Gone are the days when tarot reading was purely associated with pointy hats, bubbling cauldrons, and creepy old women telling you that you’re going to die in a fortnight. What once was thought to just predict the future is now being used as a form of self-discovery and introspection, locally and the world over.
According to leading tarot authority and Mysterium Philippines founder, Robert Rubin, there’s been increasing interest in the tarot today because of the internet. What once was kept hush hush has come out of the broom closet with the once taboo practice gaining popularity in platforms such as Instagram and Tiktok. Even box office queen Bea Alonzo vlogged about getting her cards read at the beginning of the year!
It’s not just about getting a reading, though. In fact, fashion influencer Bea Marin started offering her tarot reading services, as well. “The reason why I started doing tarot was to have a better understanding of myself and my life,” the stylish infuencer explained in a post, “whether you’re the messenger or receiver, tarot starts with Self—getting to know the deepest parts of you and your subconscious.”
With the uncertainty of the new nomal, it’s not surprising that more people would dip into spirituality, and other esoteric means to cope. Even Andrea Brillantes shared that it, together with astrology and crystals, were one of the things she got into during the pandemic.
Curious and want to know more? Below, we answer all the questions you’ve been meaning to ask about the tarot.
What is tarot?
While the exact origins of tarot remain unknown, what started out as playing cards during the 14th century has through the years evolved into a form of divination or fortune-telling.
The cards are usually shuffled, either by the reader or the querent, and then the cards are picked, face down, to answer a seeker’s query. The reader then flips it open to answer a specific question or to give an overview of the situation. The message is then interpreted based on the card’s standard definitions, mixed in, of course, with their own personal understanding and gut feels.
How does it work?
Following what is referred to as “The Fool’s Journey”, the 78 cards of the tarot each depict a stage in the human life cycle. It encompasses birth to death, both in its literal and metaphoric sense.
Further divided into a Major and Minor Arcana, Henson Wongaiham, creator of the award-winning LGBTQIA+ themed Rainbow Seekers Tarot deck, tells Preview that the Major Arcana “denotes important learnings, life events, and milestones”, whereas the Minor Arcana “depicts every day life situations, and can provide more details about the Major Arcana”.
Since these are based on universal themes such as making a difficult decision (Two of Swords), finding balance (Temperance), love (Lovers), and equality (Justice), one may easily find resonance with the cards drawn.
The general meanings can tug on heartstrings, and serve as prompts to provide insight and focus points, because these are events typically experienced within a lifetime.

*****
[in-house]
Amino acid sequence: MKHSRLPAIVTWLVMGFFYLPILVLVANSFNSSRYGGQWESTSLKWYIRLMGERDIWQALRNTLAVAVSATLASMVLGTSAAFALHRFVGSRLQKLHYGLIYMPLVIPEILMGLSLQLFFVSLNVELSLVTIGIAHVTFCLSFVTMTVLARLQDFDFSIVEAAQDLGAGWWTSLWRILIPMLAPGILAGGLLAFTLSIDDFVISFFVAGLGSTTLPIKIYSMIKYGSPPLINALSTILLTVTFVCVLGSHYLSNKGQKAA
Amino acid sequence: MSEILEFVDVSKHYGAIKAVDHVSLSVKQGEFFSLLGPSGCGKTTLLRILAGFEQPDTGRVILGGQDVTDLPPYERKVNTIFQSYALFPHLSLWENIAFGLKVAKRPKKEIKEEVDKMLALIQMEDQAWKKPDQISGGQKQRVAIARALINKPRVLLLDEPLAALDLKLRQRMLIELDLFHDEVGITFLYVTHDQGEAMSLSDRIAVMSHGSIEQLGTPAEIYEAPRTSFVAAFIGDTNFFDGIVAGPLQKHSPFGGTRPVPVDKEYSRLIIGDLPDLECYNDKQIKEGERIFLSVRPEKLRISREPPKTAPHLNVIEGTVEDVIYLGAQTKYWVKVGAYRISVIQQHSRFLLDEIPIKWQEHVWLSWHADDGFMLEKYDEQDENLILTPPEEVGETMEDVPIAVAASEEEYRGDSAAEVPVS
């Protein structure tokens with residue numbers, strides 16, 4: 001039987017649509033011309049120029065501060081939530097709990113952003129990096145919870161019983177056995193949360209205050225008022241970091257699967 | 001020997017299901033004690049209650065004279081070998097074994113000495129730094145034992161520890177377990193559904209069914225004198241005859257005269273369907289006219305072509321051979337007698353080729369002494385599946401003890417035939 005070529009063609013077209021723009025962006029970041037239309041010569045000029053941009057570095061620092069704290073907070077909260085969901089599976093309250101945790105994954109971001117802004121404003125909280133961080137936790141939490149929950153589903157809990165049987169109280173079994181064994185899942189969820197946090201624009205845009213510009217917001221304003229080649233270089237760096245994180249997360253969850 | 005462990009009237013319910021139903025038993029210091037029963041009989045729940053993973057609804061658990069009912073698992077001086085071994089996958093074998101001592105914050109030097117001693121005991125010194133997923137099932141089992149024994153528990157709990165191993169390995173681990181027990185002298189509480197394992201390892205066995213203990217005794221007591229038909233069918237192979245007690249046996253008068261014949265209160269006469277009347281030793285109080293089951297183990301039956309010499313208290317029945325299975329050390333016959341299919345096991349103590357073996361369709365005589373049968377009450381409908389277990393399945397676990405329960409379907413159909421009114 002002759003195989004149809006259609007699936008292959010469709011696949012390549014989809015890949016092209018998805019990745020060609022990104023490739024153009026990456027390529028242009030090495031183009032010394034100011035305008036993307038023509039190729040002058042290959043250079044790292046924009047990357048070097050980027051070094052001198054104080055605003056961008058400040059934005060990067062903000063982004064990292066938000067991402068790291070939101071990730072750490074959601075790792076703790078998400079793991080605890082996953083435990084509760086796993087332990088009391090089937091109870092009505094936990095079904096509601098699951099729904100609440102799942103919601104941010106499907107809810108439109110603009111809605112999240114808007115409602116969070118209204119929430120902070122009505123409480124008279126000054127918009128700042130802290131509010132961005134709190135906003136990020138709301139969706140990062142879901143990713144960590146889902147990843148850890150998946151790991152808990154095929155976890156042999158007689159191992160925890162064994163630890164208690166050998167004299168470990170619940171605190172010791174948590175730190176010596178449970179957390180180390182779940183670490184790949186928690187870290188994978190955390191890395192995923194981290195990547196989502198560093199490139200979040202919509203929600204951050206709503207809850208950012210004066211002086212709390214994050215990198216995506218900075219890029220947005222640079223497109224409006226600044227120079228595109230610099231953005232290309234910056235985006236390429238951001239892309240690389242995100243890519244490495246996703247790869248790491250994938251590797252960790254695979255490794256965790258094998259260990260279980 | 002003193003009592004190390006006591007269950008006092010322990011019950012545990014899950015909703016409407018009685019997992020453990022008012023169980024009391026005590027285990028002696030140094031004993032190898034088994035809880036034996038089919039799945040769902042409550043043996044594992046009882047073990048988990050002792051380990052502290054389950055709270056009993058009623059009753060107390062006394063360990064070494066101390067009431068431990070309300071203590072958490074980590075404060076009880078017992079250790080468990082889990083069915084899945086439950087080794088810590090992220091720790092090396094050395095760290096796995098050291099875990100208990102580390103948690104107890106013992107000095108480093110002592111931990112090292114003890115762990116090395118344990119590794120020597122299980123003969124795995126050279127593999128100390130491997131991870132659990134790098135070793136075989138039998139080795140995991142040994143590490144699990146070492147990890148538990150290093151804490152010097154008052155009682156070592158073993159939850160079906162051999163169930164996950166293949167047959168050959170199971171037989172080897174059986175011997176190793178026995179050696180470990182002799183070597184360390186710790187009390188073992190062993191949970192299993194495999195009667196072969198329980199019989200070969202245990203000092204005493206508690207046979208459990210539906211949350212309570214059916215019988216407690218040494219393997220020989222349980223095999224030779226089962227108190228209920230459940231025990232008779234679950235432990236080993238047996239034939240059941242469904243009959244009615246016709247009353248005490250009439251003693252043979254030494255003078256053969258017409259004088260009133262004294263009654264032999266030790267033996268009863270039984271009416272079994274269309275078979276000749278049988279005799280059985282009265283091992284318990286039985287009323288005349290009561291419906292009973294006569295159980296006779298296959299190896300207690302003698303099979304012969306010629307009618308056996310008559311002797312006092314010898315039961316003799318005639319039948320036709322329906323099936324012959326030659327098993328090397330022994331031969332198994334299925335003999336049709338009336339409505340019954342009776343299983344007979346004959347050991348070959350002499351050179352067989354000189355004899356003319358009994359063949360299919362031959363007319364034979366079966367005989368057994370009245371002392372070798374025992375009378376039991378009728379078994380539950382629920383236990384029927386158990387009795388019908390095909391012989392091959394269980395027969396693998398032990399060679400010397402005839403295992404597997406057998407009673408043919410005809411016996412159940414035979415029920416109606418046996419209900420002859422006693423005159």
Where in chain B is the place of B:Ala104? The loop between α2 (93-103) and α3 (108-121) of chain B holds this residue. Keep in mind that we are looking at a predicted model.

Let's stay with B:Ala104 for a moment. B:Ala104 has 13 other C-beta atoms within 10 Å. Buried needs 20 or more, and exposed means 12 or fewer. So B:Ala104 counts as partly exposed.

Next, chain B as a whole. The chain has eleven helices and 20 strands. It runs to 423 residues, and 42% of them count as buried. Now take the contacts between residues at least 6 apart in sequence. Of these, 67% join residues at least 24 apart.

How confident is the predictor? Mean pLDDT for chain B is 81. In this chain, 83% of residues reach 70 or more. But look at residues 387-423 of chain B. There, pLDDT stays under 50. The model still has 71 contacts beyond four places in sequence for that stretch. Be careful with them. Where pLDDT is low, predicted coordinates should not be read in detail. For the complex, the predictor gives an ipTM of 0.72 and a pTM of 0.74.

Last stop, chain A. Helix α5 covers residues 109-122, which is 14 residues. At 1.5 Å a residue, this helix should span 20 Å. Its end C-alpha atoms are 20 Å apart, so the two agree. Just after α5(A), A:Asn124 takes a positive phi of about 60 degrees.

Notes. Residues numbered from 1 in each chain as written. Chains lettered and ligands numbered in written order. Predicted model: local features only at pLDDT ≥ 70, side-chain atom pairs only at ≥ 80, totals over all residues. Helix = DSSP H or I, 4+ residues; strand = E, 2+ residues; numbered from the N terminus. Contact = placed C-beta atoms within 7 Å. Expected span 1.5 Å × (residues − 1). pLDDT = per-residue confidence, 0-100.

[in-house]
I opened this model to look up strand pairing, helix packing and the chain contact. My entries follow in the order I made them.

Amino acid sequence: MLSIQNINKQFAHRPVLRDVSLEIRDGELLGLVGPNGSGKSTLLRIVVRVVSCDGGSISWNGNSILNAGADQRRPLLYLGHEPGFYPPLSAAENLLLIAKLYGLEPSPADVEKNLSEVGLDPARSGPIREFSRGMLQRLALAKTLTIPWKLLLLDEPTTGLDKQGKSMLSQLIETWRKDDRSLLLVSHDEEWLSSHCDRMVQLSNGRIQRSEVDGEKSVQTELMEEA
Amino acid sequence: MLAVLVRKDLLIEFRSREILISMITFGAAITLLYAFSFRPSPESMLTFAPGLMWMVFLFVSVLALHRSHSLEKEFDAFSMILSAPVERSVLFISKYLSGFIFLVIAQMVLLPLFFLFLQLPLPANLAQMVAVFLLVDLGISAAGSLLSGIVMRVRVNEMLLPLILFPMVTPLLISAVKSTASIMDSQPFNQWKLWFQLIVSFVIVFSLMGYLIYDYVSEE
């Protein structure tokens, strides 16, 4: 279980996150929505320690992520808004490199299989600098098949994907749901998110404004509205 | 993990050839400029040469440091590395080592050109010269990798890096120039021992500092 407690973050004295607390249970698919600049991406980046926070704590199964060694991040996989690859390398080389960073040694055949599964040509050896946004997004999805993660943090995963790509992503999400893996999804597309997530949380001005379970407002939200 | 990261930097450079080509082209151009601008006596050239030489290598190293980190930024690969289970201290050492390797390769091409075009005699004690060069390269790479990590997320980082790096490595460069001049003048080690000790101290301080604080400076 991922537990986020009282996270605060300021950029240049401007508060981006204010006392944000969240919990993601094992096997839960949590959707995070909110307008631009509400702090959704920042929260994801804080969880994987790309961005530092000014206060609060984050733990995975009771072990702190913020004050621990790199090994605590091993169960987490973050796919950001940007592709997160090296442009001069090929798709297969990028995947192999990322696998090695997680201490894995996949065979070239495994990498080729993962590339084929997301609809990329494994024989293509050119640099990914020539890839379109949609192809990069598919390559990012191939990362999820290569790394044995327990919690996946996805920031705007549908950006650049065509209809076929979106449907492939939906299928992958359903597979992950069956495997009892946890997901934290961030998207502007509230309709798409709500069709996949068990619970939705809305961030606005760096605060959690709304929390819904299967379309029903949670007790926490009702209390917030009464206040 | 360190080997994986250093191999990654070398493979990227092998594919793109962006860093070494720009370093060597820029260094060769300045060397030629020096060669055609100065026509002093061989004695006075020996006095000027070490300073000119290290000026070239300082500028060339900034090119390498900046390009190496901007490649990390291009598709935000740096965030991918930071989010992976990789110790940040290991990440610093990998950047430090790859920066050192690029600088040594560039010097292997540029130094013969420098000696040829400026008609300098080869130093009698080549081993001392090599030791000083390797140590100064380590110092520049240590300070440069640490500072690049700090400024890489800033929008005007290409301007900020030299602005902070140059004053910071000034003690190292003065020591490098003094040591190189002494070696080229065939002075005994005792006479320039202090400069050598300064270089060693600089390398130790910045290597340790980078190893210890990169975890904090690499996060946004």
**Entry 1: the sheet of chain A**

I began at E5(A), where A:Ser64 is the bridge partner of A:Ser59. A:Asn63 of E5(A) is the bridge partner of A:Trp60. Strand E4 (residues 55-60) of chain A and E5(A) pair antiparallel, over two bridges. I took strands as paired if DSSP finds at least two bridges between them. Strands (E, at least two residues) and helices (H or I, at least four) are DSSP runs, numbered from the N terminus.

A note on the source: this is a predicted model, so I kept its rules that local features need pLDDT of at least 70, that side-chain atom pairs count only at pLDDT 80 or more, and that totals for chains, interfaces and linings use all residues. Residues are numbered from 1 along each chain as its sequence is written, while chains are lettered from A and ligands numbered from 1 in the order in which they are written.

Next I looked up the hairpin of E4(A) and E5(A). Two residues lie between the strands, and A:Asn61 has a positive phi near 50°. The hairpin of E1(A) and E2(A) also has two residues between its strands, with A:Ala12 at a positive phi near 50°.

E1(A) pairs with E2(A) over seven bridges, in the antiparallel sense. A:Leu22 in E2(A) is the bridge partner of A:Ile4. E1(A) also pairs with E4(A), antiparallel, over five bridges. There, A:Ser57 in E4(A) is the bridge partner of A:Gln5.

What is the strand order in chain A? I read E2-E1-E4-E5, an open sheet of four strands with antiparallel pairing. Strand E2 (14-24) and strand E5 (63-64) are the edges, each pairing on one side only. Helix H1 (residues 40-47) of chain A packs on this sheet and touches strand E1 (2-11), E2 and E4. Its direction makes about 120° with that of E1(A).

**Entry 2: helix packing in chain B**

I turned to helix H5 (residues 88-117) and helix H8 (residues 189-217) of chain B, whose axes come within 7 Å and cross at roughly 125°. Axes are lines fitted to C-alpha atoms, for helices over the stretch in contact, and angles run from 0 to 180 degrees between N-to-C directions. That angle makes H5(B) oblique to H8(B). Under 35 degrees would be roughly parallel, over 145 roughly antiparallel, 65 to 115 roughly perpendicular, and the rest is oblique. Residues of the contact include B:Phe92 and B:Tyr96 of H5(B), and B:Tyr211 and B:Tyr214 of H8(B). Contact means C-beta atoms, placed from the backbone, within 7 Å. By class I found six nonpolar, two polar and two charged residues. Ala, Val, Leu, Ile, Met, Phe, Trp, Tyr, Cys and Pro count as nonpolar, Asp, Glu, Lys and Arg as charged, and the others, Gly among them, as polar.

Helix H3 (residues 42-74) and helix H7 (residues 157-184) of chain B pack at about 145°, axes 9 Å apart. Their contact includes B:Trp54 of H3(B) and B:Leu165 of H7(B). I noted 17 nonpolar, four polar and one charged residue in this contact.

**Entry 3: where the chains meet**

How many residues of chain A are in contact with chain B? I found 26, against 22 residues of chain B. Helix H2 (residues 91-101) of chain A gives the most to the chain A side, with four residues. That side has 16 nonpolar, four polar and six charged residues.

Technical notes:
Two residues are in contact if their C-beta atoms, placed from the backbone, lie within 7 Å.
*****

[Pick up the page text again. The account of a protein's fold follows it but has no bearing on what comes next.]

Can tarot cards predict the future?
While there are some who still subscribe to the notion that it is solely for fortune-telling, Robert emphasizes that there is more to it than consulting about the future. He believes that the true purpose of the tarot is to uplift people, and that limiting it to just predictions robs opportunities for self-reflection.
Chinggay Labrador, seasoned tarot reader, oracle deck creator, and author of Practical Magic, takes a much harder stance and says in her website that she doesn’t do predictions at all.
She explains to Preview that “I use tarot’s archetypes to help people connect to their intuition, that way they get a little clearer about where they are now. Understanding what’s going on with yourself at the present moment can then help you figure out your choices, your next moves, your Plan As and Bs, etc.”
Much of the online tarot community shares the same philosophy that readings merely present possibilities and that nothing is set in stone. “We should use tarot as our guide, not gospel. At the end of the day, we are in control of our life,” Henson adds.
The burning question on everybody’s minds, isn’t it bad?
Robert, Henson, and Chinggay, all believe that the cards inherently are neutral tools. “This [that the cards are evil] is all outdated. They’re just cards with ink on it,” Robert declares point blank.
As what Katalin Patnaik’s The Little Book of Tarot said “The biggest danger you’ll face from your deck is a paper cut. The cards are no more evil then birthday cards, both of which remind us of our mortality and our flaws.”
Finding meaning and direction in the abstract, after all, is not just limited to tarot cards. Haven’t we all, at some point, been inspired to reflect, and even act, by art, music, and literature?
And finally, should you get a reading?
As what Bea said in her vlog, tarot card reading may not be for everyone. While it is readily accessible, now more than ever, both Chinggay and Robert are wary that it may not equate to quality service if expectations do not match.
“If you’re curious but unsure, I think the most important thing to do your research,” Chinggay advises, “That way you connect with tarot readers that you resonate with and who are ethical and responsible.”
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